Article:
As Palm OS devices are used for more and more tasks, more and more applications need to get the user's attention. Under Mac OS, this is done using the Notification Manager. In Palm OS, applications use the Attention Manager. This allows the user to respond to single or multiple events, and allows the applications to prioritize notifications (simple vs. insistent, for example).
- Exchange Manager
In Palm OS 3 and before, the Exchange Manager was tied to the IR port, since that was the only way that people could exchange data. In 4.0, exchange is transport-independent. The big driver for this, as far as I can see, is BlueTooth. However, this will also allow people using pager cards, SMS, etc. use the same mechanism as the built-in IR port.
Since Palm is building relationships with several mobile phone vendors, you should not be surprised to learn that Palm OS 4.0 will contain a full "phone control" API. As well as the basic functionality, there will be also support for SMS (via the Exchange Manager).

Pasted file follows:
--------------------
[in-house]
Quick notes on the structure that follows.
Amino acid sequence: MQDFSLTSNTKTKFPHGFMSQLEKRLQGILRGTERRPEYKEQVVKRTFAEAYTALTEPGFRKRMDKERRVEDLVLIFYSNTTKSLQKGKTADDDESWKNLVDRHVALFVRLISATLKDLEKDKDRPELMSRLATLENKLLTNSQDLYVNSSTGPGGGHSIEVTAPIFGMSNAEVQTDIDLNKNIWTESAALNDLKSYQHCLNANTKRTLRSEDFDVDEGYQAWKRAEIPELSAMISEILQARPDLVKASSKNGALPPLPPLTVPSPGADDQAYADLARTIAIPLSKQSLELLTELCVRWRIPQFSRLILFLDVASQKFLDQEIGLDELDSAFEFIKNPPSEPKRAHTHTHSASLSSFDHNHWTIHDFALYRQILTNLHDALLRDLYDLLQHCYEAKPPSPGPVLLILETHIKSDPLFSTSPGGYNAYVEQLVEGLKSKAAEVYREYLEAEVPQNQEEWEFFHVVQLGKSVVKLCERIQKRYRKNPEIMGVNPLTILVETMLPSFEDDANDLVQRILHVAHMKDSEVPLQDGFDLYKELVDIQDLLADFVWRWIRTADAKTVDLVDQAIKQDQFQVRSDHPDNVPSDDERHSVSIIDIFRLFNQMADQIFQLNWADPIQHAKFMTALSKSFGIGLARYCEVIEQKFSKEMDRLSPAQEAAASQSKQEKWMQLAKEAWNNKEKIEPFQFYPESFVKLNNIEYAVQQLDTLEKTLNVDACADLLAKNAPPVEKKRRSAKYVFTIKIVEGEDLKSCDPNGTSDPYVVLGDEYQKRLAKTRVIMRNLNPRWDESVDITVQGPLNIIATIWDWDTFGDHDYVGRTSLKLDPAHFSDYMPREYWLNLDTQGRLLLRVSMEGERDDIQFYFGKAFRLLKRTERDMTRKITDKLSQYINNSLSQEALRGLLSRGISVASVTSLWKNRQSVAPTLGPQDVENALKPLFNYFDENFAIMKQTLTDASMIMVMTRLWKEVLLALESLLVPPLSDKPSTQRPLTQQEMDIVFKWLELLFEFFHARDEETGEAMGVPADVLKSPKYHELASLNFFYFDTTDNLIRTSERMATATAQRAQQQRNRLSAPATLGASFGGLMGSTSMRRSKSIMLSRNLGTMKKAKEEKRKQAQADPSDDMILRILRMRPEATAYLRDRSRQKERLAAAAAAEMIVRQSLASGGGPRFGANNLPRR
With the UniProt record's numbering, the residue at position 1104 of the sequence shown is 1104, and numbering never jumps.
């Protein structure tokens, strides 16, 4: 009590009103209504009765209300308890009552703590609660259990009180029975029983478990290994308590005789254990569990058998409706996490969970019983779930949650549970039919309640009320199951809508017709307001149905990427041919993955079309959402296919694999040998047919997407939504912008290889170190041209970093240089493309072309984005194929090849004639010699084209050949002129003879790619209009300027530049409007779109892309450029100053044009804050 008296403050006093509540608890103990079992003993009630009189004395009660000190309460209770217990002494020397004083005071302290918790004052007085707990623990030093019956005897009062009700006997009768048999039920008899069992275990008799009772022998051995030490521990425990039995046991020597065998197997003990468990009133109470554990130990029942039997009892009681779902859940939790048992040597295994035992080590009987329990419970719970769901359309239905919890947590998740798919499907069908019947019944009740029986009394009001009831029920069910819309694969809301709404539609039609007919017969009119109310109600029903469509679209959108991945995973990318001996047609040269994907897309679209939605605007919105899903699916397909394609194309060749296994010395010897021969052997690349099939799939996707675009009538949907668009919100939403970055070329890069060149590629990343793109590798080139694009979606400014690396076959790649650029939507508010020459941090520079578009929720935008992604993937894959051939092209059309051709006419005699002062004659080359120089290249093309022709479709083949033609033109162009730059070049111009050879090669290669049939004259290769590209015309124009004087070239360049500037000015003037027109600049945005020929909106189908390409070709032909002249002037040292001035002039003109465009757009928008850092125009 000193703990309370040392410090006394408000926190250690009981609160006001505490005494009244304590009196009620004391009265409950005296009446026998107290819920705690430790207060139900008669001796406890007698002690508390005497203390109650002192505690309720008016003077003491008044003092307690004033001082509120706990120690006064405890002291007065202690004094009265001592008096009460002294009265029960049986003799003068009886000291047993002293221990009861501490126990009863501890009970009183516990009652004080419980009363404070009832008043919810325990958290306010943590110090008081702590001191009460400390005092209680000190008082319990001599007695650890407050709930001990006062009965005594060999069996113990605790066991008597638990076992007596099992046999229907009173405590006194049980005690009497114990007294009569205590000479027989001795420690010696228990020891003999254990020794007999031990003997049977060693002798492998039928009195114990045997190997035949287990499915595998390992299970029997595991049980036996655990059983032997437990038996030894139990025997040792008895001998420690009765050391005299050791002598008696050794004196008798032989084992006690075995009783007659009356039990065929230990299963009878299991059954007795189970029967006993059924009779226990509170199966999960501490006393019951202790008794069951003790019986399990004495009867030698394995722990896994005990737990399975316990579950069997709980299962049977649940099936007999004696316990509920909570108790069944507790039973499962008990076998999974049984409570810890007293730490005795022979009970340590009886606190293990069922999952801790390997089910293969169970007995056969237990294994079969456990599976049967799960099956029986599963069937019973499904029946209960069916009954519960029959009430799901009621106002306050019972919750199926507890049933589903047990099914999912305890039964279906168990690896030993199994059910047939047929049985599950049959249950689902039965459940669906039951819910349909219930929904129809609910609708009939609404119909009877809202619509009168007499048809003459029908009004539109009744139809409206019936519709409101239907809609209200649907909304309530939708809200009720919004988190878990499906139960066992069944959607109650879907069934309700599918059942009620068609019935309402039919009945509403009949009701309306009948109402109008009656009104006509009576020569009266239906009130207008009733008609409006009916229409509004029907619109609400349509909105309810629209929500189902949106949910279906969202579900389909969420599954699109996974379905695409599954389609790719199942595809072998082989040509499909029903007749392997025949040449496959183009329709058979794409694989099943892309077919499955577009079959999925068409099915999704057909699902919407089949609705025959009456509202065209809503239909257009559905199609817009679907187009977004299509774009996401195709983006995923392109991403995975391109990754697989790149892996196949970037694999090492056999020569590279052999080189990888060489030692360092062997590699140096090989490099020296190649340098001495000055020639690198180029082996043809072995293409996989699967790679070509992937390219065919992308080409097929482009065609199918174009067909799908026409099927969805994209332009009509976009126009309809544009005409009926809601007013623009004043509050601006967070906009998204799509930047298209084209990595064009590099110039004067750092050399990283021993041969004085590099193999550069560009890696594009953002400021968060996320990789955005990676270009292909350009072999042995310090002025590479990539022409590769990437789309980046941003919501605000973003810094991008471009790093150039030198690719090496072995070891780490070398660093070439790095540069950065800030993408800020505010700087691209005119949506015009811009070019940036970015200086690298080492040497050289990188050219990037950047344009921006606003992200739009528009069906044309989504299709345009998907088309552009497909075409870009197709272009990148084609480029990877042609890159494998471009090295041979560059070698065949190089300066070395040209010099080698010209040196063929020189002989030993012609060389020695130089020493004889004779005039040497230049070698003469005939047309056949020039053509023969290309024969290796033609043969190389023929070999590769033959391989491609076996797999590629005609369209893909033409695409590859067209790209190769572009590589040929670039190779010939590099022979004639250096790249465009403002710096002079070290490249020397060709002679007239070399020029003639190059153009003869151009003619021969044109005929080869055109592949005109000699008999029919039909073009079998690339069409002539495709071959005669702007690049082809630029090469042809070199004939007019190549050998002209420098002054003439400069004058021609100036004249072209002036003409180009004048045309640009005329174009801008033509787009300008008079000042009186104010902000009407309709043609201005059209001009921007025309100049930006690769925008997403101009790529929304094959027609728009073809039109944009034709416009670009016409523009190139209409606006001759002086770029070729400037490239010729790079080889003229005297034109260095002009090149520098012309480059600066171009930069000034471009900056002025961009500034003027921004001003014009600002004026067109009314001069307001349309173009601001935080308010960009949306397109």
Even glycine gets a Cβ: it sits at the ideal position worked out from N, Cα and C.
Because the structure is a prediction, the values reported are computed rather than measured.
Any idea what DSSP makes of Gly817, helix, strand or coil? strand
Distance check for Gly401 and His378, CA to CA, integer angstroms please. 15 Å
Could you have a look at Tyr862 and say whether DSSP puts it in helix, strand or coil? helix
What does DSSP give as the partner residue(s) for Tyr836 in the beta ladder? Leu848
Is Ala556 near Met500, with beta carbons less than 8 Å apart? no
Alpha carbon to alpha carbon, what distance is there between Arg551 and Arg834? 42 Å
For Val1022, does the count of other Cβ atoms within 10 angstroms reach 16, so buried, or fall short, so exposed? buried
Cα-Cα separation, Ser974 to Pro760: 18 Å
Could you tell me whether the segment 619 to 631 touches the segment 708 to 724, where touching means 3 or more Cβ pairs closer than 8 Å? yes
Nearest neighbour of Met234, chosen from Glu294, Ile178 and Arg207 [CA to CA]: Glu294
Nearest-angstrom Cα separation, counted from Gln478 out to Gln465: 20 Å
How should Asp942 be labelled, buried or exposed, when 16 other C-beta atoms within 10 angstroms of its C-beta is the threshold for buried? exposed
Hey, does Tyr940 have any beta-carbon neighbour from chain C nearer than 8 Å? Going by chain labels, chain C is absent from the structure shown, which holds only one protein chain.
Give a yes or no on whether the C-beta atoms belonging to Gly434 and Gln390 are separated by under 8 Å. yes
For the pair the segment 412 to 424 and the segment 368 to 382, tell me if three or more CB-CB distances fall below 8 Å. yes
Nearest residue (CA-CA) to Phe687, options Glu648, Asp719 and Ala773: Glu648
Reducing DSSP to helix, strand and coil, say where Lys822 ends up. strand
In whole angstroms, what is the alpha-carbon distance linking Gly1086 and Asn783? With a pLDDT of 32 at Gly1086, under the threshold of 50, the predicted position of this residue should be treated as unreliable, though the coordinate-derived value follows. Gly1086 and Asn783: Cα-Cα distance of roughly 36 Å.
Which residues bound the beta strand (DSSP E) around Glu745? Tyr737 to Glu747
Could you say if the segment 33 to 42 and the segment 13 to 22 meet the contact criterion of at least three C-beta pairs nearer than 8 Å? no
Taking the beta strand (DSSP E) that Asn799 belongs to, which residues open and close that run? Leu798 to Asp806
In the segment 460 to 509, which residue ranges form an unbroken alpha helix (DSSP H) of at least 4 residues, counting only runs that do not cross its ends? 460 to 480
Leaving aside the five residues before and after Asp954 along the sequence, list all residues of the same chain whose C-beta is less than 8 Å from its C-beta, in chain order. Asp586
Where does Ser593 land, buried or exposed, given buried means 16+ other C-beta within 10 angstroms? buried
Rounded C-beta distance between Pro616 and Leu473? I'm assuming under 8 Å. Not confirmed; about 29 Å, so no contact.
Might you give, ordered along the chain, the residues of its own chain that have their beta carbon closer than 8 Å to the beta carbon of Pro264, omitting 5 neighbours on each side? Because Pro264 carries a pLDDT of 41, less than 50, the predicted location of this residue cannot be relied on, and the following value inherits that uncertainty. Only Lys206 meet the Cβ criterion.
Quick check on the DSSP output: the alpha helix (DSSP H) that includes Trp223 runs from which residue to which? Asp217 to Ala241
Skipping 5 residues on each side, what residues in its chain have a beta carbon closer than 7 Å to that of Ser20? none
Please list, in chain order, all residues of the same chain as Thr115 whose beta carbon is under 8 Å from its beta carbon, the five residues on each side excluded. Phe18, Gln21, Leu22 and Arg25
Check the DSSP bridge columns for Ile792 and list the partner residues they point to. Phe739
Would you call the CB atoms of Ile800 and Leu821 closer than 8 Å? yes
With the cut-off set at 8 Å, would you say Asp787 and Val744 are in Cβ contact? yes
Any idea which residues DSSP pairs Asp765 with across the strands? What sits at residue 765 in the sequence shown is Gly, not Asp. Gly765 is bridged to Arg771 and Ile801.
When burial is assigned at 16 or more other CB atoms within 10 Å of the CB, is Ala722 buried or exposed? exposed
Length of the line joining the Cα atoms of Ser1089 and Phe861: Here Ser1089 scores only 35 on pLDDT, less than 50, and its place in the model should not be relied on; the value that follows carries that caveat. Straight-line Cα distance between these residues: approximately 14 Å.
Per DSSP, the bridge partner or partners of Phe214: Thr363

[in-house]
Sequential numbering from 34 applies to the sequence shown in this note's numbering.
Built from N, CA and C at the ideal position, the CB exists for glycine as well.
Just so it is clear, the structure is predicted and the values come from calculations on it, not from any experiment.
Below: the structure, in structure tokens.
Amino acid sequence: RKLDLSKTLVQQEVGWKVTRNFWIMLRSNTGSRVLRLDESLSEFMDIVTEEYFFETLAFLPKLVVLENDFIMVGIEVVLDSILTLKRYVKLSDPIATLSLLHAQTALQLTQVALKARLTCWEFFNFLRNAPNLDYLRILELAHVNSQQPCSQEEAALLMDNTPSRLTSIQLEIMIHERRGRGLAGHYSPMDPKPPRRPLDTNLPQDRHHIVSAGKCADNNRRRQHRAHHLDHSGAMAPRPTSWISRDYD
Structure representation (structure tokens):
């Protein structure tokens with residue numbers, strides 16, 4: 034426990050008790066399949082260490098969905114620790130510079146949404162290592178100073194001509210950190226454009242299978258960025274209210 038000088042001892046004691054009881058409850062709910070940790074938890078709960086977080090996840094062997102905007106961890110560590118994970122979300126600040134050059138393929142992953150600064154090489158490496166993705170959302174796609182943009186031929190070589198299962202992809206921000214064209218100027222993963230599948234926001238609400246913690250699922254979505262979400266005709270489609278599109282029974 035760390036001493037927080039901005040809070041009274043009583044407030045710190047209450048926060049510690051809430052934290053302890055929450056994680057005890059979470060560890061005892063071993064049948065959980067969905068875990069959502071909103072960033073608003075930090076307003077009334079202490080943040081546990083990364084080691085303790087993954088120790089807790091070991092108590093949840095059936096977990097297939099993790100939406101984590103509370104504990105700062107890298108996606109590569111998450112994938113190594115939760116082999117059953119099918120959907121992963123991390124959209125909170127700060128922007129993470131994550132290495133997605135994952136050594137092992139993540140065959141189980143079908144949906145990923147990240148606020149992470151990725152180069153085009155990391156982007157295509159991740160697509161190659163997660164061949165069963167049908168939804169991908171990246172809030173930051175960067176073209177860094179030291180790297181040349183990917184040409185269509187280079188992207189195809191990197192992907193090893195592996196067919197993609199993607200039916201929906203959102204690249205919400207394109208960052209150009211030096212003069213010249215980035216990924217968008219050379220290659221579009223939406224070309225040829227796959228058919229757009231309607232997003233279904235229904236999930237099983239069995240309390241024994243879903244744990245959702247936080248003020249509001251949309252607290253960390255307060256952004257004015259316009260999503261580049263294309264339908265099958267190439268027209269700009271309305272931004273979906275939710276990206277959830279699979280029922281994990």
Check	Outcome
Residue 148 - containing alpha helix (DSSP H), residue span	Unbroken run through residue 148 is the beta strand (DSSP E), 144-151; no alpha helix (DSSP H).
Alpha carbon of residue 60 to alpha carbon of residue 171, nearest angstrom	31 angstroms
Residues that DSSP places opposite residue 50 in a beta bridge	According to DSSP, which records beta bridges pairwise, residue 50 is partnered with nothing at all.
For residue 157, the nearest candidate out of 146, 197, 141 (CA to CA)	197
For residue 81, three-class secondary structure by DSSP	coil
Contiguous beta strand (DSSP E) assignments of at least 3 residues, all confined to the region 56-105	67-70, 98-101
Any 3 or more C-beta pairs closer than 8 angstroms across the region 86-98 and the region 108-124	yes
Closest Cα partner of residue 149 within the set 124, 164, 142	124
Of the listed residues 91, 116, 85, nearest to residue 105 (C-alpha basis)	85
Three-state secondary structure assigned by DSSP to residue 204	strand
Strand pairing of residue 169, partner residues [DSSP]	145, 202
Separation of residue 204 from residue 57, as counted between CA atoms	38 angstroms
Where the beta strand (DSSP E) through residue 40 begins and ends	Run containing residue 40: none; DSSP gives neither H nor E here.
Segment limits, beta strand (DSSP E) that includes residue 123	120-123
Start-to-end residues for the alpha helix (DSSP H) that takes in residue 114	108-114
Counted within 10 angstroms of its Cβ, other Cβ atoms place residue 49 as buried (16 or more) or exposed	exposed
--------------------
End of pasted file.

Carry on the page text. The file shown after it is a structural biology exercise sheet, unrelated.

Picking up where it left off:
Palm OS 5.0
As well as 4.0, Palm gave attendees a glimpse of a future OS that they were calling Palm OS 5.0. (this is not an official name) David Fedor of Palm said that they expected that devices would ship with this OS in 2002. A few of the features previewed are:
- Support for ARM processors
- Better multimedia support
- Support for different screen sizes and resolutions
- A wide range of devices, both in price and capabilities.
The big change for 5.0 is the change to the ARM processor. This will be quite an undertaking for Palm, since all existing Palm OS applications are written for the Motorola 68000 processor. In some ways, this will be even more difficult than Apple's switch from the 680x0 to the PowerPC because the ARM is "little-endian", like the 80x86, rather than "big-endian", like the 68K and PowerPC. Palm will be supplying a 68K emulator in their new devices, so that existing applications can be run on new machines.
Metrowerks announced at the show (and shipped soon thereafter) CodeWarrior 7 for Palm OS. It includes an updated C/C++ compiler, all the IDE enhancements from CodeWarrior 6 for Mac OS and Windows, and several Palm OS-specific tools, including a debugger plugin that lets you symbolically debug your Palm OS applications either inside POSE or on an actual device. CodeWarrior for Palm OS runs on both the Mac and Windows.